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10/29/09 2:15 AM EST

Chased down: Homers sting CC, Yanks

Utley's long balls, Lee's dominance silence AL champions

NEW YORK -- The thought crossed CC Sabathia's mind -- as he watched Chase Utley's second home run of the night land in an unreceptive patch of Bleacher Creatures -- that this mistake might have been enough ammunition to saddle him with a loss.

Witnessing the way Cliff Lee carved up the Yankees, it was difficult not to believe it. The chilled Bombers bats fell victim to a complete-game masterpiece as the Phillies' ace delivered a 6-1 victory in Game 1 of the World Series on Wednesday at Yankee Stadium.

Sabathia was stuck with two unfortunate pitches to Utley, who clubbed a pair of solo home runs before the Yankees' bullpen sent a sellout crowd streaming for the streets before the fans could watch Lee finish a 10-strikeout performance that came as no surprise to his former Tribe teammate.

"He's been pitching great all year, especially in the postseason," Sabathia said. "I tried to keep the game as close as possible, and we weren't able to do it."

Pitching on the biggest stage of his career and in front of an audience that included Yankees principal owner George Steinbrenner, Sabathia was not as sharp as he had been in his first three postseason starts, but the $161 million left-hander was still solid enough to win on most nights.

Not so on Wednesday, as Lee continued his dominance in the Bronx, adding a World Series victory to an accomplishment list that already included an All-Star Game start across the street and the first regular-season victory at the new Stadium.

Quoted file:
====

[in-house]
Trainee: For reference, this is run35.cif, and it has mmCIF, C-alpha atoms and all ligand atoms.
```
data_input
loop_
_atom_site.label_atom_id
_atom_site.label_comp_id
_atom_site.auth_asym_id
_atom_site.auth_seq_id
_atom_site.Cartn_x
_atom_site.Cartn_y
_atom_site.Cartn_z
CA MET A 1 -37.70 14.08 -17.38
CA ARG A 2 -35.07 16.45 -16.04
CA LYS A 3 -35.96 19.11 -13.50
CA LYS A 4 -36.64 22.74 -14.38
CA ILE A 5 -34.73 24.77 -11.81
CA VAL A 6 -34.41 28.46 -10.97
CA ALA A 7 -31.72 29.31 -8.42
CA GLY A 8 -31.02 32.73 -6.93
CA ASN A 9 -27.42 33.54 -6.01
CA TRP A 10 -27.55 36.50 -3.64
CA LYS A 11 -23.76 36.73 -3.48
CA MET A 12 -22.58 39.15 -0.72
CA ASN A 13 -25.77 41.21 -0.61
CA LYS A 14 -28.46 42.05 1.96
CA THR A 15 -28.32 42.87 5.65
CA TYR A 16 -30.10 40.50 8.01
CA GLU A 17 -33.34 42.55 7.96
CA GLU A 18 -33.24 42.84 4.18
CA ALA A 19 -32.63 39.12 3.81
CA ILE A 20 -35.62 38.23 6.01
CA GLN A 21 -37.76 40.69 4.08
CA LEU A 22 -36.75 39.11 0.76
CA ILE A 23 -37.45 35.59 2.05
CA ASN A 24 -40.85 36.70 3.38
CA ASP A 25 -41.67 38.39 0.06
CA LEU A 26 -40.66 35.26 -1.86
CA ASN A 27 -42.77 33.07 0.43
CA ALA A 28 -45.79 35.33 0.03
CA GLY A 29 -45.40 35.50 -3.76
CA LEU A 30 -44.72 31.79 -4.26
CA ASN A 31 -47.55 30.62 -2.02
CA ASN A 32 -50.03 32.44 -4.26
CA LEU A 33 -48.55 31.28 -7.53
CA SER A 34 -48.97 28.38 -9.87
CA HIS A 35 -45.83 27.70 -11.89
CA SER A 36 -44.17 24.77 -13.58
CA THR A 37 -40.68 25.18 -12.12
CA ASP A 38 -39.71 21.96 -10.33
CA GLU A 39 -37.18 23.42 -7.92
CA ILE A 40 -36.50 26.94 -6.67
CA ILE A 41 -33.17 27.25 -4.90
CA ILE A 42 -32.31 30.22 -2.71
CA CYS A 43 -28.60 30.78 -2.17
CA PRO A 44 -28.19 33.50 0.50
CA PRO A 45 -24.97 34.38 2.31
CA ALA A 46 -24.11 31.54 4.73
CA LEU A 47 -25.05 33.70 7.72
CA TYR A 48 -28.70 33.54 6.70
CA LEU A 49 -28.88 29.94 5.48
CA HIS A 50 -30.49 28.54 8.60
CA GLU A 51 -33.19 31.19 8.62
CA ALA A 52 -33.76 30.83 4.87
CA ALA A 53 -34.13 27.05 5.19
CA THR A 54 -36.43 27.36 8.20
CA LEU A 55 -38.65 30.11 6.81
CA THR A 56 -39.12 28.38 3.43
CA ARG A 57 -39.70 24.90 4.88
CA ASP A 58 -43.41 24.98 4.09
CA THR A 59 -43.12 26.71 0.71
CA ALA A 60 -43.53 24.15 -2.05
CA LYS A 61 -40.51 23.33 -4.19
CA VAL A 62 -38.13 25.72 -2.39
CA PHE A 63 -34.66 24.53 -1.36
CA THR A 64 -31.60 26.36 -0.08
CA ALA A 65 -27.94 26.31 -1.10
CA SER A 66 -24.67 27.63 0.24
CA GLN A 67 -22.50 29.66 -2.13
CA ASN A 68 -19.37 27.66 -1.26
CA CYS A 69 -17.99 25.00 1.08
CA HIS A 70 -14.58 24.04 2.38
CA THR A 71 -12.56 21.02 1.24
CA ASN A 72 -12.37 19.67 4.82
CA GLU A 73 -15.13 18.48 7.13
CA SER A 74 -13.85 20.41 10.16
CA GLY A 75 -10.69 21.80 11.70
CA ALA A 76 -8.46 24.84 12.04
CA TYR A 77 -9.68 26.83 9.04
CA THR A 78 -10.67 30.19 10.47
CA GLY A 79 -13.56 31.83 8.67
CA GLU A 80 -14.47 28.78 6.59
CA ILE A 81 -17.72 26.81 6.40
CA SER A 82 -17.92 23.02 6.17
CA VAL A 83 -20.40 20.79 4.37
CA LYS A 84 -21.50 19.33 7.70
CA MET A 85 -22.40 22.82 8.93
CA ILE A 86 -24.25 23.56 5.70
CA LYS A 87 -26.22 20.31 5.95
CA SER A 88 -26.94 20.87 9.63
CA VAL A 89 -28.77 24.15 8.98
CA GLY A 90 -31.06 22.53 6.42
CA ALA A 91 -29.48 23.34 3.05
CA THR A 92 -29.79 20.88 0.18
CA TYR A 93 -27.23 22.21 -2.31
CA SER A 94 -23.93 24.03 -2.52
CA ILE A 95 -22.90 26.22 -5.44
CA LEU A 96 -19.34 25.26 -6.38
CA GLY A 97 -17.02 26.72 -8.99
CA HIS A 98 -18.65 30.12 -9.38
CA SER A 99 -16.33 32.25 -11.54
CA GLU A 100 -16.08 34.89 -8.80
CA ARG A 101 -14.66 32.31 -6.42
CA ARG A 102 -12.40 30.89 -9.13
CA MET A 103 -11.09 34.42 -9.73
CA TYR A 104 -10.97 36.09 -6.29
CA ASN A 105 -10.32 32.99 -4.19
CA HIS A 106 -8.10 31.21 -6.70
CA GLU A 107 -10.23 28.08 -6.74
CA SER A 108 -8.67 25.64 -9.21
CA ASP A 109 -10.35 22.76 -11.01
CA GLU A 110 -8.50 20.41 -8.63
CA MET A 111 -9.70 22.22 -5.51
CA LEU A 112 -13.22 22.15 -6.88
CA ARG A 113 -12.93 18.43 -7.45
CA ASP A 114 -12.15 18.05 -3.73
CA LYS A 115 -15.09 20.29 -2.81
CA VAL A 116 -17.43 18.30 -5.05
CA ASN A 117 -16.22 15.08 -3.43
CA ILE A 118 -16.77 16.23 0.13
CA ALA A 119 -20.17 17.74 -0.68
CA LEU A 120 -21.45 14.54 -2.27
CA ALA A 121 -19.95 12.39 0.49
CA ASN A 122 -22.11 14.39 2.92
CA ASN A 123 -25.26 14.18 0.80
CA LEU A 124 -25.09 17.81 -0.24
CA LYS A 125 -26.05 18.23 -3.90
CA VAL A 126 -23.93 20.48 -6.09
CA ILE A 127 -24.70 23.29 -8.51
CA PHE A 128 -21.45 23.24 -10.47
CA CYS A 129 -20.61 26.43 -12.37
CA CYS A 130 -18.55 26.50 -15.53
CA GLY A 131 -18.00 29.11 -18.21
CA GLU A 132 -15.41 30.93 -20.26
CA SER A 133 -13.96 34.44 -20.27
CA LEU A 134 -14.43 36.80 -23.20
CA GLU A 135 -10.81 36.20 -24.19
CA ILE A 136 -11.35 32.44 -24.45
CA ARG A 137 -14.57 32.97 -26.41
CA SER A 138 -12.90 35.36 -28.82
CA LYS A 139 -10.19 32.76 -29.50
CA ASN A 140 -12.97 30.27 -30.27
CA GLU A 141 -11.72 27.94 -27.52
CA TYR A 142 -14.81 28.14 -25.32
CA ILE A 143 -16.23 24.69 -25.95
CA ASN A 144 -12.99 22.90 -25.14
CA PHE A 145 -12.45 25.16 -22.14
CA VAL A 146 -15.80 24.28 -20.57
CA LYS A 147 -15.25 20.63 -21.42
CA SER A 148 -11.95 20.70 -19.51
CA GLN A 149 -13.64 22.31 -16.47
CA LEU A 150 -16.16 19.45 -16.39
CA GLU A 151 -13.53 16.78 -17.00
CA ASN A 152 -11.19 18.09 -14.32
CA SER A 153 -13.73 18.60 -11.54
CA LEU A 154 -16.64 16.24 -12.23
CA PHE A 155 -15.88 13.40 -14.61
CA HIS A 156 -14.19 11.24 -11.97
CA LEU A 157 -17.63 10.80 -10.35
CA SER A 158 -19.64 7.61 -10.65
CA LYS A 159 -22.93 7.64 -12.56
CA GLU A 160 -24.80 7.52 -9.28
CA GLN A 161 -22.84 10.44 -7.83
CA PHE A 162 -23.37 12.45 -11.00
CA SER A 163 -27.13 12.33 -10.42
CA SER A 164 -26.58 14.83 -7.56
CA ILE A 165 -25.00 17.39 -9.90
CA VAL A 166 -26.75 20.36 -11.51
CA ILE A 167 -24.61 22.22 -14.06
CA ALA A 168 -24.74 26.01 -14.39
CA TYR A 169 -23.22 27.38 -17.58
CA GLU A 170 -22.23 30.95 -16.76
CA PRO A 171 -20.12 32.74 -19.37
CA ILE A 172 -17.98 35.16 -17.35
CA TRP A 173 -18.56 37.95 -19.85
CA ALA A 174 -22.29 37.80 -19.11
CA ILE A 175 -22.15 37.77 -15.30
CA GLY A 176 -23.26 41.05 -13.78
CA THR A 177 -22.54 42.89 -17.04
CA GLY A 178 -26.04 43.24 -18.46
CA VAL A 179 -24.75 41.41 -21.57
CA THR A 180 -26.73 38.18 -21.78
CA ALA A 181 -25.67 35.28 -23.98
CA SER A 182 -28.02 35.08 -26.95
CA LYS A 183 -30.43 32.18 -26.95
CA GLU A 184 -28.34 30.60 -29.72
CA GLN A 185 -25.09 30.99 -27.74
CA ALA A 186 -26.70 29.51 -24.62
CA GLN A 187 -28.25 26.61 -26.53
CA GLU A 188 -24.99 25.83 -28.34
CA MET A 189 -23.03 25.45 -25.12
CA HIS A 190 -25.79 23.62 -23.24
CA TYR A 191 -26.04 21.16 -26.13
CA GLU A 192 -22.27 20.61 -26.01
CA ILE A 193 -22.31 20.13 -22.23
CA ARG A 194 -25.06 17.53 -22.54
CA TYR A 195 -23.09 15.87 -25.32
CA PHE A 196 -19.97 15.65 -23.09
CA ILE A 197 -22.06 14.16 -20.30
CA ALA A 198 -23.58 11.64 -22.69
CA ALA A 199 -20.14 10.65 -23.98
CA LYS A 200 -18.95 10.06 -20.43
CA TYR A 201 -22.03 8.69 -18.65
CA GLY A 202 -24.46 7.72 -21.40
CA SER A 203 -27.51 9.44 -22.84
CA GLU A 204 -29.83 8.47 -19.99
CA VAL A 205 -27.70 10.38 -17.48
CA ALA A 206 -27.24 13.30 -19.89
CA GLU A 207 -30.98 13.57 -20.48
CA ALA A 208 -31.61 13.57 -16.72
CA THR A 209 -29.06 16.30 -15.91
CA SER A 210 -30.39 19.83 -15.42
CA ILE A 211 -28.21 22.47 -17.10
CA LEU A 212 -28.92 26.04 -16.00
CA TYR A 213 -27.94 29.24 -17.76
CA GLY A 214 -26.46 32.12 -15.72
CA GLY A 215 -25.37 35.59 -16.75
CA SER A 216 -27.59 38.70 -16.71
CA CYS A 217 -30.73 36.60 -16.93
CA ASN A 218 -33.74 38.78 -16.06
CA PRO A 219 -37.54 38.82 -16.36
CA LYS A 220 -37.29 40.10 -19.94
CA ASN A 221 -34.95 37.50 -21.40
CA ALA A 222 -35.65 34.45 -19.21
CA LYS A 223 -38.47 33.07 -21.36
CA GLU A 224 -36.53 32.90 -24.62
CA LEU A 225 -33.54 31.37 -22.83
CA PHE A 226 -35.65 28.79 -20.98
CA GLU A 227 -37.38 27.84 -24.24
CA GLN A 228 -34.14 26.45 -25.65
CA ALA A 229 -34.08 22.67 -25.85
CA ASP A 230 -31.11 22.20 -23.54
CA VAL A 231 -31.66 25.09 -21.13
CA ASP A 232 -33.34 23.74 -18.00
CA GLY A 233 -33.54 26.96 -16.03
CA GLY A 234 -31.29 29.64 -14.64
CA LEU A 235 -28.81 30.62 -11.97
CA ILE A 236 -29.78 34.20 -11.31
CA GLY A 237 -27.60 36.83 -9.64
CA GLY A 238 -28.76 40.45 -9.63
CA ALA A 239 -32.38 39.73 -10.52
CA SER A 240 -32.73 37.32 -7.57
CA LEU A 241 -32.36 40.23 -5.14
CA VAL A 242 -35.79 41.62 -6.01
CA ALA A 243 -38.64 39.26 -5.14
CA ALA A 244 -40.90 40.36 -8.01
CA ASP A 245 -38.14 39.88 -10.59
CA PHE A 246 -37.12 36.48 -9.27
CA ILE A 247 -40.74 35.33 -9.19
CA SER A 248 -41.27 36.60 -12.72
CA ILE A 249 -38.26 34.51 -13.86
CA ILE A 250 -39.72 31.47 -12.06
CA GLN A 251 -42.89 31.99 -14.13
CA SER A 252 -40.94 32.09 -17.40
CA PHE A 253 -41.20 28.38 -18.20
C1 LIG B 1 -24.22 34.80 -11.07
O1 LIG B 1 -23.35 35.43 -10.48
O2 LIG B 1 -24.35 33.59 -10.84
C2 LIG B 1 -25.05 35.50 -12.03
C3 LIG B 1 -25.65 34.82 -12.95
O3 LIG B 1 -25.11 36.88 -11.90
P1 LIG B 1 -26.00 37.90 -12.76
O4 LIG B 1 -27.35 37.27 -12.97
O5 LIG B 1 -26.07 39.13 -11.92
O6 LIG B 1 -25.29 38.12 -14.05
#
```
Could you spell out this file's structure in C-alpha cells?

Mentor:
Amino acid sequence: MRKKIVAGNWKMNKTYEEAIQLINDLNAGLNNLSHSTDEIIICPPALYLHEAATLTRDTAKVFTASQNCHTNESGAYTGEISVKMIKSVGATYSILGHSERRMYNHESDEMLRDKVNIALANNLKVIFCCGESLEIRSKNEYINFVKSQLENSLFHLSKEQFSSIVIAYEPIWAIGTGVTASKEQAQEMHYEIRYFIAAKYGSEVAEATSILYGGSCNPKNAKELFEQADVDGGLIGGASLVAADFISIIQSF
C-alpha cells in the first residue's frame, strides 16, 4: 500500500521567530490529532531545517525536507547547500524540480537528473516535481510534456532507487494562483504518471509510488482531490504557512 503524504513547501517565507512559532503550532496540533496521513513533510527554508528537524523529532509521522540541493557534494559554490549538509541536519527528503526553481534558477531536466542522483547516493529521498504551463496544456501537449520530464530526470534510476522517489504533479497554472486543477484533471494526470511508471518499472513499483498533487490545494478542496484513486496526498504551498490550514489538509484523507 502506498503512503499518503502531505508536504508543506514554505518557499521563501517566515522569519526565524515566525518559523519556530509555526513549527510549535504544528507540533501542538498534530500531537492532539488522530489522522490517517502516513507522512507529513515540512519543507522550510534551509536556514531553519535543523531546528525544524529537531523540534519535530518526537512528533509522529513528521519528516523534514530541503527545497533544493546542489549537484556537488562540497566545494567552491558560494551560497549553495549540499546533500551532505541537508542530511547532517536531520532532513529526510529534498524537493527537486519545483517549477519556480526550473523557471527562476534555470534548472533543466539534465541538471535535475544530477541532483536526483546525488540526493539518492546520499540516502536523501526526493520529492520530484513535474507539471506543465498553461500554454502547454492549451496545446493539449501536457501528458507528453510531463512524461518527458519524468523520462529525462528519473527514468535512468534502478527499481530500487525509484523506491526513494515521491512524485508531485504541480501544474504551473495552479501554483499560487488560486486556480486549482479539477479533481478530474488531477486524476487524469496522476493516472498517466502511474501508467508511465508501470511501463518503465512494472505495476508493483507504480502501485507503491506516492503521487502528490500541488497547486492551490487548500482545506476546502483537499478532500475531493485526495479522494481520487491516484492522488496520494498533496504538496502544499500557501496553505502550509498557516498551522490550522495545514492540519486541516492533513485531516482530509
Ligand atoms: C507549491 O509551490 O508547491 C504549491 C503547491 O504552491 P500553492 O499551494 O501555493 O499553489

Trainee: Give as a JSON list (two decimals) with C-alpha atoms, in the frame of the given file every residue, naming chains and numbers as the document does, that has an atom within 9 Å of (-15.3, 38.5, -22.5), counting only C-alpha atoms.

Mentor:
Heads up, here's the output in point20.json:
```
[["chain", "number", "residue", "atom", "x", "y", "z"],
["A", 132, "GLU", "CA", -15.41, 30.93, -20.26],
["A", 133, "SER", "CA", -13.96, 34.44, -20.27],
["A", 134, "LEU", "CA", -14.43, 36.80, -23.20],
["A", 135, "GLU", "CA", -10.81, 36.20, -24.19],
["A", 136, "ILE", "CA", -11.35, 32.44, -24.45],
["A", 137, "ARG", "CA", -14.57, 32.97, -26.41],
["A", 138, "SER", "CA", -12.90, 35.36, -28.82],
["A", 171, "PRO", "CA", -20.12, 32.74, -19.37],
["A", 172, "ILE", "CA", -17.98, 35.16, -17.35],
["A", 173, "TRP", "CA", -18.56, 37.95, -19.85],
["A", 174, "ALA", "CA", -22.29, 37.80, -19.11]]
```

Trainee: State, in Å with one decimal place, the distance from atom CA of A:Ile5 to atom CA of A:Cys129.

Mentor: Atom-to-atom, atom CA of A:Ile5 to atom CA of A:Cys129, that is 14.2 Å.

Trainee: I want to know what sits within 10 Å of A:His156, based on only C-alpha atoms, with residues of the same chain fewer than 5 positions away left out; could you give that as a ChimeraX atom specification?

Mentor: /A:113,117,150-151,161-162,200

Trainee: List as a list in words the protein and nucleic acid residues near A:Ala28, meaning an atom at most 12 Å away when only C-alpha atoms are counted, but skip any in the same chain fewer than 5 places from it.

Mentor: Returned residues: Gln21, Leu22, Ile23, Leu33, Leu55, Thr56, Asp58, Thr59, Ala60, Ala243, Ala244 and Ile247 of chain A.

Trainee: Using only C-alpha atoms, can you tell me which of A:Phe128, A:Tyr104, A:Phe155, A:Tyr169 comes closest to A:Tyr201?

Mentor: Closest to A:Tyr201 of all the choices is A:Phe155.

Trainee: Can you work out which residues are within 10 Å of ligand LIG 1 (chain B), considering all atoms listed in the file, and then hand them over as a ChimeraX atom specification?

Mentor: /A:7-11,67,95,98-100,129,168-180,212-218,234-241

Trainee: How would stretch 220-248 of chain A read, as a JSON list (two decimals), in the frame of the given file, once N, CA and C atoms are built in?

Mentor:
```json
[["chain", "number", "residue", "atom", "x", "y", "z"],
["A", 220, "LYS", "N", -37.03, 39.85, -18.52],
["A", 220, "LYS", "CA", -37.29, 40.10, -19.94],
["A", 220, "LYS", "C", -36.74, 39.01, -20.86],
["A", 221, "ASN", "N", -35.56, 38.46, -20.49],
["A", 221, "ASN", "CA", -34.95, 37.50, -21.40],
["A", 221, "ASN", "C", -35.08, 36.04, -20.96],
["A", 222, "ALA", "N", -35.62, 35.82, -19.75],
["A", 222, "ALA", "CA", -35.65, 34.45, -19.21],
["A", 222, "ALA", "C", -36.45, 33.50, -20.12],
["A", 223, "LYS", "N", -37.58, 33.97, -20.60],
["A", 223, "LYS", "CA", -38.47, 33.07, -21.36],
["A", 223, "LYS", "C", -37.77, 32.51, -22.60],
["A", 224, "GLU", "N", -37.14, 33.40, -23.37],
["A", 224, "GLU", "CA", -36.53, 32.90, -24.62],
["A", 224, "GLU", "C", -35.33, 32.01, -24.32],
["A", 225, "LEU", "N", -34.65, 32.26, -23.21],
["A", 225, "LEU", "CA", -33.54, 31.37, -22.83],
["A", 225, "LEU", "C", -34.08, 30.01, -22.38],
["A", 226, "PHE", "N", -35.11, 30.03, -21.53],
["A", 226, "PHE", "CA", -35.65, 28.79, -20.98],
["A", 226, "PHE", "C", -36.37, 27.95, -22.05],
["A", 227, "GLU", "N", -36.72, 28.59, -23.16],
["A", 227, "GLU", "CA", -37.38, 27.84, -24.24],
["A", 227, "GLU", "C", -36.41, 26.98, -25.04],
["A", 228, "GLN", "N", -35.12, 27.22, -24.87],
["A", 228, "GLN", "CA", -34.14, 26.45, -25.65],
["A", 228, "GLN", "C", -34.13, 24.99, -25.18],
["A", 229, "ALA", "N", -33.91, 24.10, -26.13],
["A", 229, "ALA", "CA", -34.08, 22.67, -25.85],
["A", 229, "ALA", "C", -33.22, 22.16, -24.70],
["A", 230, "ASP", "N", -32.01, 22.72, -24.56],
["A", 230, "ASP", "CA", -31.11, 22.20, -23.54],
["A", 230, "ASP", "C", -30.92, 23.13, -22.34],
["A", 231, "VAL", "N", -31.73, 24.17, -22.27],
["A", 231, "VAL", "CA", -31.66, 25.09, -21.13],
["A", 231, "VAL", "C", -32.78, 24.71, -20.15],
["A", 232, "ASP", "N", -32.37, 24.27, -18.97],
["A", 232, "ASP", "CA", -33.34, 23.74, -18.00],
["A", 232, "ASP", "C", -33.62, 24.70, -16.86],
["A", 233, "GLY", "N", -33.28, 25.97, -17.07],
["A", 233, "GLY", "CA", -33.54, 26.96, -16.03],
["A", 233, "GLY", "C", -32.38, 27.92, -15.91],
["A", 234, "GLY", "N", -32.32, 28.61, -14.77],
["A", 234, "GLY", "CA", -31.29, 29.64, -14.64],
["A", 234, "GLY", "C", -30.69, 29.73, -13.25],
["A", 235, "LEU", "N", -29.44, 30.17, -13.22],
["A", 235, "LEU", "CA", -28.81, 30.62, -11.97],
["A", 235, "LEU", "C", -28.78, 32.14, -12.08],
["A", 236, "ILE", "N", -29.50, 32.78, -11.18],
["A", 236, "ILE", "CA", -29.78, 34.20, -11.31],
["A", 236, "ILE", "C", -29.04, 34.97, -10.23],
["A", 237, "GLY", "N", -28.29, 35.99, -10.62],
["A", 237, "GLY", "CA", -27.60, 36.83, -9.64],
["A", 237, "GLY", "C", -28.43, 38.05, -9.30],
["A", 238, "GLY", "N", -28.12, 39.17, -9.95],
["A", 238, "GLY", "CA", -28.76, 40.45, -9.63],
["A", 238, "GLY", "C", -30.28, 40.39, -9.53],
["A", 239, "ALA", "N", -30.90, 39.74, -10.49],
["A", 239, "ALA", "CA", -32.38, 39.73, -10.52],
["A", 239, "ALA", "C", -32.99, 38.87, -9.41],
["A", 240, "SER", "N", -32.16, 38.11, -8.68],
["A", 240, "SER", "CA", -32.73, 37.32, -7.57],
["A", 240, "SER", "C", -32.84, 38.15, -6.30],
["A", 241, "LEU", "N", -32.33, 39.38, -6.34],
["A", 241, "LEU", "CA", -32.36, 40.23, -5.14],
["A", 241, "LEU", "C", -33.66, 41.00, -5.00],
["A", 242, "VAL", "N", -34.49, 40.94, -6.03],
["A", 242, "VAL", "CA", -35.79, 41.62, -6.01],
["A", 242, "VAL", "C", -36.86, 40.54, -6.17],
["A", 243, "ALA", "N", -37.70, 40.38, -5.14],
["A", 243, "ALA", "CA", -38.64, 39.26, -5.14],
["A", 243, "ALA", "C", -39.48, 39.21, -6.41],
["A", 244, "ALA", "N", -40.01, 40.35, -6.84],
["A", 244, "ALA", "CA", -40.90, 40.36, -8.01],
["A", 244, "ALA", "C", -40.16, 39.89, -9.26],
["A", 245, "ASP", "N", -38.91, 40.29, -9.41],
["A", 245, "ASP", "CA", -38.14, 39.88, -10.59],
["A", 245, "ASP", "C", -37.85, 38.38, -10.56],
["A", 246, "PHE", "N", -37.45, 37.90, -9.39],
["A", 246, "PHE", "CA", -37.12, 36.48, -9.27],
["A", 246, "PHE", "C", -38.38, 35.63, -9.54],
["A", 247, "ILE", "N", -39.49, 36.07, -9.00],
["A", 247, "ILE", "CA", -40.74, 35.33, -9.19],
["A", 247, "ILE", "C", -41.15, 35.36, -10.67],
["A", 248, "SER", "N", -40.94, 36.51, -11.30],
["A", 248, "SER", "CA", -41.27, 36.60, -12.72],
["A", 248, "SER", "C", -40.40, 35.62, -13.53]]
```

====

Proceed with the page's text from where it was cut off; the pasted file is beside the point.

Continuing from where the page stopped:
"You've got to tip your hat to their guy," Yankees pitching coach Dave Eiland said of Lee. "That's probably the best pitching performance against us we've seen all year."

Setting off panic alarms with a lack of command early, Sabathia was able to escape in the first inning, inducing a groundout to leave the bases loaded. But the defending World Series champs would strike first in the 105th Fall Classic, as Utley touched Sabathia for the first home run he permitted to a left-handed batter at Yankee Stadium all season.

Legends of the fall
Derek Jeter moved past Joe DiMaggio into fifth for most runs in World Series history.
Rank Player Runs
1. Mickey Mantle 42
2. Yogi Berra 41
3. Babe Ruth 37
4. Lou Gehrig 30
5. Derek Jeter 28
6. Joe DiMaggio 27
7. Roger Maris 26
8. Elston Howard 25
9. Gil McDougald 23
10. Jackie Robinson 22

On the ninth pitch of a hard-fought third-inning at-bat, Sabathia tried to throw a full-count fastball down and away. Utley's eyes lit up when he saw the 95-mph heater instead hurtling down the middle of the plate, sending a high drive a few rows over the right-field wall.

"He left one kind of in the middle of the plate, and you can't miss those pitches against that type of pitcher," Utley said.

Nick Swisher climbed the fence in search of a chance to bring it back, but Utley left no doubt with his follow-up act. Sabathia left a fat 0-2 fastball down the pike in the sixth inning, and Utley punished him, driving what would prove to be the decisive blow into the grandstands in right-center.

"I wish I could stand here and say it was just two pitches, but I was behind pretty much the whole game," Sabathia said. "I was able to battle back and make some pitches when I needed to, but that's not at all how I've been pitching in the postseason."

The solo homers created a two-run lead that appeared imposing, considering how Lee had dominated the Yankees to that point. Usually, Sabathia feels confident that the Major Leagues' most potent lineup can white-out a pitch here or there. But Lee had made for uncomfortable at-bats all around, and there was a sinking feeling that it wasn't going to be easy this time.